In marginal agricultural areas, genetic erosion has been accelerated by abandonment of traditional crops in favor of new "improved" varieties, often imported from outside the marginal area, the push to substitute cash crops for traditional ones, deforestation and land clearance, overgrazing, war and civil strife and ecological reverses such as drought and flooding.
By concentrating on high input, high producing, genetically uniform varieties and the agricultural systems which support them, agricultural researchers have failed to strengthen smallholder agriculture in marginal areas. The complex, heterogeneous agricultural environments, crucial sources of genetic variation, are being weakened. As the farming systems in marginal environments are replaced, these traditional "cauldrons" of genetic diversity will no longer generate new combinations, leaving only what small portion of this diversity the formal breeding and genetic resources conservation institutions have been able to collect and maintain. This change is often compounded by the exclusion of minor crops or local staples, which are replaced by high yielding varieties of major crops developed outside the marginal agricultural zone.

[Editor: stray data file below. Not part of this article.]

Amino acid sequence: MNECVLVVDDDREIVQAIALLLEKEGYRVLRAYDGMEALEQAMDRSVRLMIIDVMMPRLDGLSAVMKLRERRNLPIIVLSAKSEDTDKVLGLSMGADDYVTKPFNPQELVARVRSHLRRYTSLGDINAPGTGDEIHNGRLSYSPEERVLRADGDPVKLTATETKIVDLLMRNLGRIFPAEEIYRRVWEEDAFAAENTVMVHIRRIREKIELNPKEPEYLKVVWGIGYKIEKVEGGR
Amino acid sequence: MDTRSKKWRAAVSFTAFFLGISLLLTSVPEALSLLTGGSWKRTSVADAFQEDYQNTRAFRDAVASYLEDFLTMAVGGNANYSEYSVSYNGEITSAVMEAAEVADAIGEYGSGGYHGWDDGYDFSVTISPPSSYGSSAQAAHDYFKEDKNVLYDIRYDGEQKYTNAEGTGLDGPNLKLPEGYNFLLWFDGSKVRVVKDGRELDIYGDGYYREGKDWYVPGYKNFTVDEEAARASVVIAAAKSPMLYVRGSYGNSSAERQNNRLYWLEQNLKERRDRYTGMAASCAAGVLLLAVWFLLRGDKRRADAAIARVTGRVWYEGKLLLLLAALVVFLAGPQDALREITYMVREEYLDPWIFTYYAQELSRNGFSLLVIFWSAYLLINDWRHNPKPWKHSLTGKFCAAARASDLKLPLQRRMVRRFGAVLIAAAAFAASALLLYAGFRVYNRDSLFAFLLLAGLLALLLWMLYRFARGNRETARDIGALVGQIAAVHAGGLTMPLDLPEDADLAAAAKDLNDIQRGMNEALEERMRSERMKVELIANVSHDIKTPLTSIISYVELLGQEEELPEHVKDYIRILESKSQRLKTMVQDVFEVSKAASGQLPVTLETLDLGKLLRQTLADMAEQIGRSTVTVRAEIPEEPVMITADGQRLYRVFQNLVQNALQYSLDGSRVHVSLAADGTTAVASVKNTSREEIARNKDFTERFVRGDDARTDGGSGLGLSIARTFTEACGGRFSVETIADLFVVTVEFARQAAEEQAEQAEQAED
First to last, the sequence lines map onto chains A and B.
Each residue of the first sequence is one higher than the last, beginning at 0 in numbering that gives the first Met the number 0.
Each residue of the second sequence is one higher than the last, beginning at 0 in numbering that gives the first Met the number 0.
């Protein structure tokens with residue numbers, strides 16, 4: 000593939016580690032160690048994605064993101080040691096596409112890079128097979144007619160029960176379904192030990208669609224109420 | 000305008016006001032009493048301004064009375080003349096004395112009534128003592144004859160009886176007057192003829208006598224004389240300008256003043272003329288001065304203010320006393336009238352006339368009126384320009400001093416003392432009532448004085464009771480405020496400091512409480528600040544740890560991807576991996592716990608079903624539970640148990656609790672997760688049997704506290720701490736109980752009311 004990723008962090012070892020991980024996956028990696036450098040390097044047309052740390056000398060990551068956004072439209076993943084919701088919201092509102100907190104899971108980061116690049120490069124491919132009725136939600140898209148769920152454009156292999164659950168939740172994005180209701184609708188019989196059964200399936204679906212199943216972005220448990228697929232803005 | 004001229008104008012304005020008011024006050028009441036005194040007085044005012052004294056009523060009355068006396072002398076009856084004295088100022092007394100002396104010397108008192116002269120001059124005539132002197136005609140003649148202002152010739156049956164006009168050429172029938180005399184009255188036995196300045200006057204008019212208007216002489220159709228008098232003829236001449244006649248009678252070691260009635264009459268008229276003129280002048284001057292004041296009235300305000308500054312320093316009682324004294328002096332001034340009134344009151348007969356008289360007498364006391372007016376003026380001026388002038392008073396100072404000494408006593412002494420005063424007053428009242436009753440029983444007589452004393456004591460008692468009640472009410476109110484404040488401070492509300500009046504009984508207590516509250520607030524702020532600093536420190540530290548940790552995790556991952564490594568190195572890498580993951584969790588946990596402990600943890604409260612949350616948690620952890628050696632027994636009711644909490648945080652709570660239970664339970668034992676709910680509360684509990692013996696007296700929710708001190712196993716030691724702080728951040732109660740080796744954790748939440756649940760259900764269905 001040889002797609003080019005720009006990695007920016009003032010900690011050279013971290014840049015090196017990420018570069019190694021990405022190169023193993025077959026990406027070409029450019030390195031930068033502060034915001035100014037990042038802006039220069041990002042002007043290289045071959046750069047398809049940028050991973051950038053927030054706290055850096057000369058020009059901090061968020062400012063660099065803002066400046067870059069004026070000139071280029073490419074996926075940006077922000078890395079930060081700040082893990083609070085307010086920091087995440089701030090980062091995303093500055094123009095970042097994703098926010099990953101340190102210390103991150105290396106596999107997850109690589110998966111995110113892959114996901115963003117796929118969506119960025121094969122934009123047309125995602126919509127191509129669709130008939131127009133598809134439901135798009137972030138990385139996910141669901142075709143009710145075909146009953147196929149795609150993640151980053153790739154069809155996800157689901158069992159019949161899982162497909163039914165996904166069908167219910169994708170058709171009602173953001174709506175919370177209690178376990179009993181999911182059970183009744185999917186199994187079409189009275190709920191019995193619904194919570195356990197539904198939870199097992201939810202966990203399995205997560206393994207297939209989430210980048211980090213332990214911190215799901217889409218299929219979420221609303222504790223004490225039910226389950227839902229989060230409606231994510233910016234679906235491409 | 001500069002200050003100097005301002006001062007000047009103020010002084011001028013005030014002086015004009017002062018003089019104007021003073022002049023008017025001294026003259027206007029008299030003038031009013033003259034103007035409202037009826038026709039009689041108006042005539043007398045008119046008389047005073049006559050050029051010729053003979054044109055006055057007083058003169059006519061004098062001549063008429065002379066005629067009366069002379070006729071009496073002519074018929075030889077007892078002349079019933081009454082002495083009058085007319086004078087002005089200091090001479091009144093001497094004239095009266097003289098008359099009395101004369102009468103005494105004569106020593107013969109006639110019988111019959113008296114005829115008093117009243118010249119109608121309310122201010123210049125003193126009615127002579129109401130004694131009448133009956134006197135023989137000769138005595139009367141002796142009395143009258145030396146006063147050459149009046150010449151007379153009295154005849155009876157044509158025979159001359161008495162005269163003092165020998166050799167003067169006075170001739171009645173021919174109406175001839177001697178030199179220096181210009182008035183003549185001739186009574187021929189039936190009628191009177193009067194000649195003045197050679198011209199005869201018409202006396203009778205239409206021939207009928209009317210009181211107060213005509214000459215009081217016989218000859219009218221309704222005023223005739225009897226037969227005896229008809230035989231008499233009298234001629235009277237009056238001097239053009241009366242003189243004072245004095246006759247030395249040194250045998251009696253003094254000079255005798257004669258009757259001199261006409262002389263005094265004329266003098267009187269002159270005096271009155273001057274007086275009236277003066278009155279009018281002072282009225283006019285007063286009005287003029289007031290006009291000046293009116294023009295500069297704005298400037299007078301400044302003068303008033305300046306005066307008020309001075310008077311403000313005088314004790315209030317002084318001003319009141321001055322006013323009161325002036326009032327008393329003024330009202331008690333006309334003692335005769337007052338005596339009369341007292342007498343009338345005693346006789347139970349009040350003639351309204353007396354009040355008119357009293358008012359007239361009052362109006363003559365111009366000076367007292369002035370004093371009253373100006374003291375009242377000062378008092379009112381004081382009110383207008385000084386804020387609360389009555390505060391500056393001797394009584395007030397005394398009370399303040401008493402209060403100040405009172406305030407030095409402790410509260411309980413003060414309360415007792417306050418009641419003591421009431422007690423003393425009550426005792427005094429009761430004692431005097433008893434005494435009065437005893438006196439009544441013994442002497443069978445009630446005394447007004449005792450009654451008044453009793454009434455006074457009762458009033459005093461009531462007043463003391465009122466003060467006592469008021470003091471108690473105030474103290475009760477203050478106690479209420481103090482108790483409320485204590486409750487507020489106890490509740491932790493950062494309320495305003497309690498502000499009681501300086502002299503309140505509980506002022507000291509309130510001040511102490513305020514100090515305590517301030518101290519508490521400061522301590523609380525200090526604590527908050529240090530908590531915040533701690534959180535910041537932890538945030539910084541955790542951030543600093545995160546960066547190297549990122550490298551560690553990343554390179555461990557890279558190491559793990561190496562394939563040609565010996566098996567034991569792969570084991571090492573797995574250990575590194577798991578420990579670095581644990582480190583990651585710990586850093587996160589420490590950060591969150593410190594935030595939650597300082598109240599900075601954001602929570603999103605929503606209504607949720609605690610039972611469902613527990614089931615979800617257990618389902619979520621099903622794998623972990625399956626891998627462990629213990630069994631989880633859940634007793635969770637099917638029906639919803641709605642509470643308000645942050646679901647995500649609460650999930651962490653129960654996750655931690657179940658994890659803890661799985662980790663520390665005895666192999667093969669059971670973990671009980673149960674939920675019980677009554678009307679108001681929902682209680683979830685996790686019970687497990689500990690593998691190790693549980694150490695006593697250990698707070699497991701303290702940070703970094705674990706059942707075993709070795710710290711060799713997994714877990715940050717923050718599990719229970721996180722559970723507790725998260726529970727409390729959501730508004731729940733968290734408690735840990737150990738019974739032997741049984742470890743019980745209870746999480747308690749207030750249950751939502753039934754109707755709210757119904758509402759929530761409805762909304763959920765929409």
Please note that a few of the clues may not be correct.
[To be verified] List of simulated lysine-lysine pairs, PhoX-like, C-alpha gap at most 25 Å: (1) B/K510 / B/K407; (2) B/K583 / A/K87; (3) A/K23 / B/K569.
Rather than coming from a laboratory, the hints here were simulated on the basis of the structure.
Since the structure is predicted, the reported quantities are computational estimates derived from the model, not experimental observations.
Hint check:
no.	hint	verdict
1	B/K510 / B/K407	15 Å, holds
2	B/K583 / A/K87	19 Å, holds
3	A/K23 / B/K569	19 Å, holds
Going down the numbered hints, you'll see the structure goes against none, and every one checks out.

Formal breeding often requires large economic returns through wide scale adoption under uniform conditions of the improved cultivars produced by breeders. The less favored agricultural environments have thus been bypassed by more formal breeding efforts. As the use of high yielding varieties of crops spreads into marginal areas, often through local governmental policy, farmers are often encouraged to adopt these varieties to the detriment of locally adapted traditional landraces. As these landraces fade, so does the traditional knowledge associated with them. Both may be irreplaceable. When communities are displaced or when smallholdings give way to large scale monocultures, there is often a migration of labor to growing urban areas. Those left in marginal areas to carry on agricultural activities are often older farmers, who may represent the last repositories of traditional knowledge about local plants. Agricultural researchers and formal breeding programs often do not consult with or address the needs and resources represented by these farmers, who in many marginal areas are predominantly women. The feminization and aging of the smallholder workforce present additional challenges for the formal sector's efforts in marginal areas.
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